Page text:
Wood Mackenzie: Operators taking a deliberate approach to offshore exploration and development
By Kelli Ainsworth, Associate Editor
If the number of final investment decisions (FIDs) taken by operators is an indication of the health of the offshore market, then things are looking up. Wood Mackenzie anticipates that roughly 30 offshore projects will receive an FID in the coming year. This is roughly flat from 2017, when 32 projects were sanctioned, and a significant increase from 2016, when fewer than 15 projects received FIDs. The newly sanctioned projects this year are likely to be developed more quickly and at lower costs than pre-downturn projects, Julie Wilson, Research Director, Global Exploration at Wood Mackenzie, said at the 2018 OTC in Houston on 30 April.
“Over the past decade, we’ve seen a lot of projects that have been delayed or run over and really destroyed value,” she said. “This is something that companies are very much trying to avoid doing again. Simpler, faster and improved delivery is something that operators are very focused on.”
Among the FIDs that Wood Mackenzie is forecasting for 2018 are Eni’s Argo cluster in the Adriatic Sea, ExxonMobil’s Domino and Pelican fields in the Black Sea, and Phase Two of the Libra Field in the Brazilian pre-salt. The Kangaroo and Echidna fields, operated by Karoon Gas, could also potentially see an FID this year. “That one is probably more at risk, given that Karoon Gas is smaller, so there’s possibly a project capital constraint there,” Ms Wilson said.
Going forward, operators will likely take a phased approach to developing new fields, as ExxonMobil has done with its Liza development, she said. This reduces the upfront capital investment required. Additionally, learnings from each phase can be applied to subsequent phases. “They can learn about reservoir permeability and how the wells will produce,” Ms Wilson said. “That’s going to help them plan for later phases.”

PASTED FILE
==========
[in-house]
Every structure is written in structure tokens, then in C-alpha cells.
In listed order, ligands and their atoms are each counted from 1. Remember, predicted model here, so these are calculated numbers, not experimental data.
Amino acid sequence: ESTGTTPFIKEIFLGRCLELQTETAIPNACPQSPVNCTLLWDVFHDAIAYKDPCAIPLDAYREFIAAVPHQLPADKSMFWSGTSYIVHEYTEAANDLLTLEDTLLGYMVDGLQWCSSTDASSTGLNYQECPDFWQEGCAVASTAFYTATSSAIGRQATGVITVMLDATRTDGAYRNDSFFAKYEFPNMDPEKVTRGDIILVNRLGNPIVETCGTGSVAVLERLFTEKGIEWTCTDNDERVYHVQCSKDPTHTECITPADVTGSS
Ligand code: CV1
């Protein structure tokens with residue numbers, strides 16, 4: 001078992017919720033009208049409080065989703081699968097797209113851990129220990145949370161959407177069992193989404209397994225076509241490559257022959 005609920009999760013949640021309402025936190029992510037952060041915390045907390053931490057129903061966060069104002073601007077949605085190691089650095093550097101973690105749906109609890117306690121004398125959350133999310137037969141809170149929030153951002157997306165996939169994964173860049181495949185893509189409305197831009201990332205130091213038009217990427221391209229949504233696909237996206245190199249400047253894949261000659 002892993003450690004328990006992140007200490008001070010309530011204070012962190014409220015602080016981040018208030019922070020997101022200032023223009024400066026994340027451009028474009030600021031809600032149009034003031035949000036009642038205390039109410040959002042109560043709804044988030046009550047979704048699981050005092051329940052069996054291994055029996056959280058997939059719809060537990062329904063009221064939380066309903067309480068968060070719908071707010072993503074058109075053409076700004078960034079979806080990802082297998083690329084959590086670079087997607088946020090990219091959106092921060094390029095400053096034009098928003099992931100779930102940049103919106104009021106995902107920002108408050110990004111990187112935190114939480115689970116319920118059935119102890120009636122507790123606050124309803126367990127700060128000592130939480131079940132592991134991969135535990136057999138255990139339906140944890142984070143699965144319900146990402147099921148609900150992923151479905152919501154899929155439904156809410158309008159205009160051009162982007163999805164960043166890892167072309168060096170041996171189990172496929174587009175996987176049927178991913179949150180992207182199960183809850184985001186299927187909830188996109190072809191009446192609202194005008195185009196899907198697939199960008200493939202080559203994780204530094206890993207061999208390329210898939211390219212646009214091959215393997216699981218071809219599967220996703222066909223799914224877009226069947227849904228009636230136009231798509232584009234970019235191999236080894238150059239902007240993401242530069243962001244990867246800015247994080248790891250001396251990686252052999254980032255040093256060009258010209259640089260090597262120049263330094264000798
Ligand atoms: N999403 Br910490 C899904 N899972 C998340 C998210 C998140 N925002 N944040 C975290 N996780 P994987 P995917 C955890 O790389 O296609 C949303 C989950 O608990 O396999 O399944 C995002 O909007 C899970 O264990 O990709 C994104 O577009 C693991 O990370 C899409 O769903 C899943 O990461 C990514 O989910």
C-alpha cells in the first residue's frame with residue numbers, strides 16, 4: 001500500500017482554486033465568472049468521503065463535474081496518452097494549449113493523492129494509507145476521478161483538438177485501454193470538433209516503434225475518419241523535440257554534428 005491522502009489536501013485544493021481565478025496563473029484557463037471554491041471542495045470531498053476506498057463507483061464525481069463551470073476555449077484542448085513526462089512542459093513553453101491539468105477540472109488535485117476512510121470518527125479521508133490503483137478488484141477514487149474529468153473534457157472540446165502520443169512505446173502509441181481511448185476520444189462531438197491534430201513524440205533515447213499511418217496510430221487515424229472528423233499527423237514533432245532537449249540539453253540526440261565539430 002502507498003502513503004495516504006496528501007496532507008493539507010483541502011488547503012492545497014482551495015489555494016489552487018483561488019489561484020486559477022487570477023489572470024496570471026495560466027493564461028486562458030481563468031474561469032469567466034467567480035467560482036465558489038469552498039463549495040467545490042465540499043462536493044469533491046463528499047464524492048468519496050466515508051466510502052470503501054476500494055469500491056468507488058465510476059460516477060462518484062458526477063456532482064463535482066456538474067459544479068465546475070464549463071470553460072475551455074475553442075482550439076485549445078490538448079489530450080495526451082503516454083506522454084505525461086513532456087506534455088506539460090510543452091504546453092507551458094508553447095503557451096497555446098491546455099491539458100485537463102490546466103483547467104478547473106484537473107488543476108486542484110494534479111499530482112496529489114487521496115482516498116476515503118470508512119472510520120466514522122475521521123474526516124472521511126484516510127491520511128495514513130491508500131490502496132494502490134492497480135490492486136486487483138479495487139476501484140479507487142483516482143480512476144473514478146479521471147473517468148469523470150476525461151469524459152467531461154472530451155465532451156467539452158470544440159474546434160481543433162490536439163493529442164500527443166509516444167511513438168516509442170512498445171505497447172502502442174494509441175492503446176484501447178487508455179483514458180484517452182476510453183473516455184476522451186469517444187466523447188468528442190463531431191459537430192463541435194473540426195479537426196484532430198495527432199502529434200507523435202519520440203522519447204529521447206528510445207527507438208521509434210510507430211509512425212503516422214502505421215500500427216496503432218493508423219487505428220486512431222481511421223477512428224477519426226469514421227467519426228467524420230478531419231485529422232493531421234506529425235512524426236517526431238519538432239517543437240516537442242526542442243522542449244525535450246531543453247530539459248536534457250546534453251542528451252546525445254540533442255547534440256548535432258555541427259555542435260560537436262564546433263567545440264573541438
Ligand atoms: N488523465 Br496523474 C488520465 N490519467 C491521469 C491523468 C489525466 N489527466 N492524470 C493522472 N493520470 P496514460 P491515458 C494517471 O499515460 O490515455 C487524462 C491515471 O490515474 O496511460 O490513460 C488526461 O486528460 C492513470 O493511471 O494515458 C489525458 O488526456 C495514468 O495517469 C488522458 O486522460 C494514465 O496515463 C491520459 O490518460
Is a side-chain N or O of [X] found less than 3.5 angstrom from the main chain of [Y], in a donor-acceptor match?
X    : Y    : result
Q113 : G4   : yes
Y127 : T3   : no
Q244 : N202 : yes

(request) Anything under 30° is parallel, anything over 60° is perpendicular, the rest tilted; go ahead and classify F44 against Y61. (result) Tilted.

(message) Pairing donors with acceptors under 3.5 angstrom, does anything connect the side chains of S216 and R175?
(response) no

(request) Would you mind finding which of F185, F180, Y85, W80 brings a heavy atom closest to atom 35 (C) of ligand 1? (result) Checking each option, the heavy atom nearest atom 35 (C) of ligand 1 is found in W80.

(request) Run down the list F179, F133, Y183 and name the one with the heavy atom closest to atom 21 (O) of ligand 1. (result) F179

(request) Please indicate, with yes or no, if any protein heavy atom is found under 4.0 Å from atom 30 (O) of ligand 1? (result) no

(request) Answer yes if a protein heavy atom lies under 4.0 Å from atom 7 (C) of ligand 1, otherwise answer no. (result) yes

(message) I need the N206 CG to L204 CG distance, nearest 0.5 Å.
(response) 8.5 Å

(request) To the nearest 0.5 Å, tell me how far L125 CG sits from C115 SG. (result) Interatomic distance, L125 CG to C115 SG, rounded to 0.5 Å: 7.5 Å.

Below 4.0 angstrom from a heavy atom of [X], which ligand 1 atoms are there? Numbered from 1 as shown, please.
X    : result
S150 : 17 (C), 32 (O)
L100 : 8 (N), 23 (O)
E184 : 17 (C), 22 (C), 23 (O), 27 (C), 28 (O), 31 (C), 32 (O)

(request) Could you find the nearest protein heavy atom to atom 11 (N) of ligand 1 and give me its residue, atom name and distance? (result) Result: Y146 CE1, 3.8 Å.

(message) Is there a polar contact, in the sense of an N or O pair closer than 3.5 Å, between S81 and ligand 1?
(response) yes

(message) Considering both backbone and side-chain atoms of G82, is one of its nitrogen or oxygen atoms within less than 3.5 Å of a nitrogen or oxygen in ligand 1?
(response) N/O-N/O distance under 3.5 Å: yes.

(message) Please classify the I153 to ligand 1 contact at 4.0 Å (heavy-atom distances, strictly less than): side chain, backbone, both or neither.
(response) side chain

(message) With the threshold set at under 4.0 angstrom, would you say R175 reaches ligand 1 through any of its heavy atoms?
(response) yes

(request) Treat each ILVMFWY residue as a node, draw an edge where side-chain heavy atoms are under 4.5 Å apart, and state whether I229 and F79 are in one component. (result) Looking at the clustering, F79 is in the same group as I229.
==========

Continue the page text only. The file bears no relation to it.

New deepwater developments – those that are sanctioned this year and beyond – will largely have lower breakeven prices than they would have four years ago. Many developments that would have had an $80/bbl breakeven have been redesigned and simplified. When they’re eventually sanctioned, they can be developed at a much lower cost, she said. Already, more than 12 billion bbls of oil in deepwater and ultra-deepwater are economic at $60. For some pre-FID projects in countries where the fiscal terms are more burdensome, breakevens can still be relatively higher, at up to $80/bbl, Ms Wilson said. “We don’t expect some of these to move forward in the very near term because operators are expecting some fiscal changes in those countries,” she added.
On the exploration side, operators are focusing on fewer plays overall. “Those plays are tending to be deepwater sweet spots, so where the reservoir deliverability is the highest and they can get the highest estimated ultimate recovery per well that they’re drilling,” Ms Wilson said. This focus on sweet spots has prompted aggressive bidding for prime acreage offshore Brazil and Mexico, where operators expect to see high production at good breakevens, she added.
Wood Mackenzie believes there are 20 major offshore exploration wells to watch in 2018, including Tullow Oil’s Cormorant-1 offshore Namibia, Total’s Paddavissie-1 offshore South Africa and Repsol’s Bon Bini offshore Aruba. While the industry had been hoping to see drilling in the Foz de Amazonas basin offshore northern Brazil in the near term, environmental permitting issues in the country continue to prolong uncertainty about when that basin might be drilled. The company expects an exploration success rate of 30-40% in the wells it’s watching for 2018, which is in line with typical exploration success rates, she added.